Nole vs. Fed: In the Interview Room

by: Steve Tignor | March 15, 2014

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INDIAN WELLS, CALIF.—Novak Djokovic and Roger Federer may meet in the final here at the BNP Paribas Open, but there’s no question they’ve been on their games in the interview room. The tournament has a more relaxed atmosphere than any of the other majors and most of the other Masters, and that can translate into more thoughtful ruminations from the pros in their pressers—provided they’re winning, of course. Federer and Djokovic have been winning, and talking, for the last week. Here’s a look at a few of the highlights from their interviews. At times, the progressive Djokovic and the traditionalist Federer seem to offer competing visions for the sport.


Djokovic on the idea of a “Fifth Grand Slam”: “Everything in life is evolving, progressing. There has to be times when people start thinking ahead. What can we change? Indian Wells is one of the ATP events that shows that ATP events deserve to be in the same league. Why not?... I mean, we have Grand Slams and we have ATP tournaments, but there is no rule that is saying that the Grand Slams have to be eternally the biggest events in the world in our sport.”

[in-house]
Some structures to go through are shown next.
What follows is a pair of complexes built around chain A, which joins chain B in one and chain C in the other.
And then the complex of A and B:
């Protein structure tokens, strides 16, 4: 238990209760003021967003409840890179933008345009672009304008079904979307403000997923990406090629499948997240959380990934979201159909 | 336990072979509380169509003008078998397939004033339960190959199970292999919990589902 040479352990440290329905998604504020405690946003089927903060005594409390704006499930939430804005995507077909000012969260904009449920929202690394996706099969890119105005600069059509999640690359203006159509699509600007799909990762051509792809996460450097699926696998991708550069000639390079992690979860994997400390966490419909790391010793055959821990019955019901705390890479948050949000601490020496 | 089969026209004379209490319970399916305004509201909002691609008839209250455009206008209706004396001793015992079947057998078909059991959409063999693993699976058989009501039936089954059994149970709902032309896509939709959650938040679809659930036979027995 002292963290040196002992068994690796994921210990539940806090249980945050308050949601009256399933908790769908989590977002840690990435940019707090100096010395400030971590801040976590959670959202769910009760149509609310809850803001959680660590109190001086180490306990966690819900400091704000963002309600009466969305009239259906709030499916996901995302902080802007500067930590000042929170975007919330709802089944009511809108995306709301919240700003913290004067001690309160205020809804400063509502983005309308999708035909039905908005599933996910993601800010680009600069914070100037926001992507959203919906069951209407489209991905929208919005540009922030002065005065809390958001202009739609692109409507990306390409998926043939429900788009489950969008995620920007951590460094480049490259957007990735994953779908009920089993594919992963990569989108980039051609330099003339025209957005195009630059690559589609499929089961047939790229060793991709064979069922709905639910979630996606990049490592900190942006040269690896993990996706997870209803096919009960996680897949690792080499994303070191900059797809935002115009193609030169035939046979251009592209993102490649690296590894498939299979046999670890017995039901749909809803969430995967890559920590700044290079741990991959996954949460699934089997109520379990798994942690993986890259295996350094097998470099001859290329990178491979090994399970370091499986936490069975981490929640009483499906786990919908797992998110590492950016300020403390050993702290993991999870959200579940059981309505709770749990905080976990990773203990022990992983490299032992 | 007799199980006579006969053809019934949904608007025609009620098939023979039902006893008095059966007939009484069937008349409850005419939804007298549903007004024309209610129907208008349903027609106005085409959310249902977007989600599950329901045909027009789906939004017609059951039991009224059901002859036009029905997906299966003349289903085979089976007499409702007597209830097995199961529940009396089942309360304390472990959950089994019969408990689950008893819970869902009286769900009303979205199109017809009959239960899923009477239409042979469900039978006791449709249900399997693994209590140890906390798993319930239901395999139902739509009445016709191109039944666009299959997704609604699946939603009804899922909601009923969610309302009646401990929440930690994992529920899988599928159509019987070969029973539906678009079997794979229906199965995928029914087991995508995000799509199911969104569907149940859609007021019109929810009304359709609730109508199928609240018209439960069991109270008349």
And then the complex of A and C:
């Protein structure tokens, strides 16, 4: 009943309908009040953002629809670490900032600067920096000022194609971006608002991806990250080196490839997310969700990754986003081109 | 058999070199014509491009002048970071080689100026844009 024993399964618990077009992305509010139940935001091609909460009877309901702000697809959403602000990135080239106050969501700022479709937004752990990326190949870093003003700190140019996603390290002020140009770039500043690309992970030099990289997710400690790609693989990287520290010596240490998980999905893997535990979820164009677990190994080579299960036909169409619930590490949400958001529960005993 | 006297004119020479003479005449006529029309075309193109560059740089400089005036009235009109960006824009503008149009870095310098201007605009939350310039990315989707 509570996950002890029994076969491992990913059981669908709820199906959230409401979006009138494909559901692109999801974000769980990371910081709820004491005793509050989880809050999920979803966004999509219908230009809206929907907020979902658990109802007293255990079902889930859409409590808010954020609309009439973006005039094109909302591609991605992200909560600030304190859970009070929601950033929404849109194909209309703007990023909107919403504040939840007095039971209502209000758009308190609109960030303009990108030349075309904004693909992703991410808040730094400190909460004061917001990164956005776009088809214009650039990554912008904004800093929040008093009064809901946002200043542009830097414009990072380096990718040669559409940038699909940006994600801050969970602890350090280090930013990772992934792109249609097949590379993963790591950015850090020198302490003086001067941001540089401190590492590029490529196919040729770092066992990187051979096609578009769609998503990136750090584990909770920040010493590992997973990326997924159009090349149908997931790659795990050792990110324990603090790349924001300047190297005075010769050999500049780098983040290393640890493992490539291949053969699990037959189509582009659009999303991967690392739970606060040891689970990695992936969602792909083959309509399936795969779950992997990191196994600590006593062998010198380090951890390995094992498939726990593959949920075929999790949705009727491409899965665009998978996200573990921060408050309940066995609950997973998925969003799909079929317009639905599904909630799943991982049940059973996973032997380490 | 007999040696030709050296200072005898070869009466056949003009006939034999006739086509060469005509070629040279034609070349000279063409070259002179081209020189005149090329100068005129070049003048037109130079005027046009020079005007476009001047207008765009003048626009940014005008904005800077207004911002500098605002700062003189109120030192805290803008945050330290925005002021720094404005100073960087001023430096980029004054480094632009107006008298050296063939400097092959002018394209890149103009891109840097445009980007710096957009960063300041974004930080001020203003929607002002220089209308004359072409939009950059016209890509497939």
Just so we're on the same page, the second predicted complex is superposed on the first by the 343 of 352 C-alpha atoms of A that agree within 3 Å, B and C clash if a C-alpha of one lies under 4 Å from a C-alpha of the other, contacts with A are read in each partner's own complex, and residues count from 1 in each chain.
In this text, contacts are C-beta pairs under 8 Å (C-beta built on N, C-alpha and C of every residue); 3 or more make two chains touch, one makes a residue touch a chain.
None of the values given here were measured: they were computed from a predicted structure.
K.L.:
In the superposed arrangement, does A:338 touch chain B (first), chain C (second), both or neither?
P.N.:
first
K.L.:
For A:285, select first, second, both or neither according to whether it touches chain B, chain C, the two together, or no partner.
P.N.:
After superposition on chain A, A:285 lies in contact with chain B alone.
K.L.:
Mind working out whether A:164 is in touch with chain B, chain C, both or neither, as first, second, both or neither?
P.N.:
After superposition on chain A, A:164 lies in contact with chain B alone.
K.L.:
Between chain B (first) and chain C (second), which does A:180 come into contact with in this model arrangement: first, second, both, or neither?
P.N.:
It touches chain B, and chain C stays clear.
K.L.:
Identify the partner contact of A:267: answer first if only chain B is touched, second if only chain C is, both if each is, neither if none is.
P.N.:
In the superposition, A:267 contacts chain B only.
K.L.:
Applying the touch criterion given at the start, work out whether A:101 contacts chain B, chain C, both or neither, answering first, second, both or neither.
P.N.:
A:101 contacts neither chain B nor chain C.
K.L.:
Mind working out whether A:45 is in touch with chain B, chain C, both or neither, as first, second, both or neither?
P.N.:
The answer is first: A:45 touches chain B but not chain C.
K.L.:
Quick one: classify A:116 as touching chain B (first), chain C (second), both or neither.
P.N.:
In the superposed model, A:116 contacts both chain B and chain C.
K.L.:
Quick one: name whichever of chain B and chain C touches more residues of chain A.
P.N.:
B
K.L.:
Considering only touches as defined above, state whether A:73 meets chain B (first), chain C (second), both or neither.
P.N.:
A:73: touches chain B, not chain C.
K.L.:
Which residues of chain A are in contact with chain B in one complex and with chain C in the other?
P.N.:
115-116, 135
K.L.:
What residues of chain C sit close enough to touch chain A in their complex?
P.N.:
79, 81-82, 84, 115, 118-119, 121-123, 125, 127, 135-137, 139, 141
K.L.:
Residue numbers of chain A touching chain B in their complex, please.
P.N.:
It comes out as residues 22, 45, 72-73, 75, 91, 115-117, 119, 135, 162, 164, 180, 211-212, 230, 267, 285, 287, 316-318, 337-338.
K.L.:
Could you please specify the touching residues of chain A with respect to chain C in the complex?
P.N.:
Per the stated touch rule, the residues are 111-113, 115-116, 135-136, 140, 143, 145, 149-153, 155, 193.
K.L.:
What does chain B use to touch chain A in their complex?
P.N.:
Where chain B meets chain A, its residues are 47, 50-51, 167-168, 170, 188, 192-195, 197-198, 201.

...and on what scheduling changes he might like to see: “There are some things. I mean, in an ideal world, Australian Open can start three, four weeks later, you know.”

If Djokovic were a U.S. Supreme Court judge, he would obviously not be an originalist. And if Federer is this generation’s Sampras, Djokovic is something like its Agassi—Novak and Andre are seekers at heart. In fact, I wonder if Djokovic was seeking a little too much when he hired Boris Becker as his coach; part of his reasoning was that he simply had to do something. Federer has spent a fair amount of time in his career doing the opposite: Sticking with what wasn’t working for him.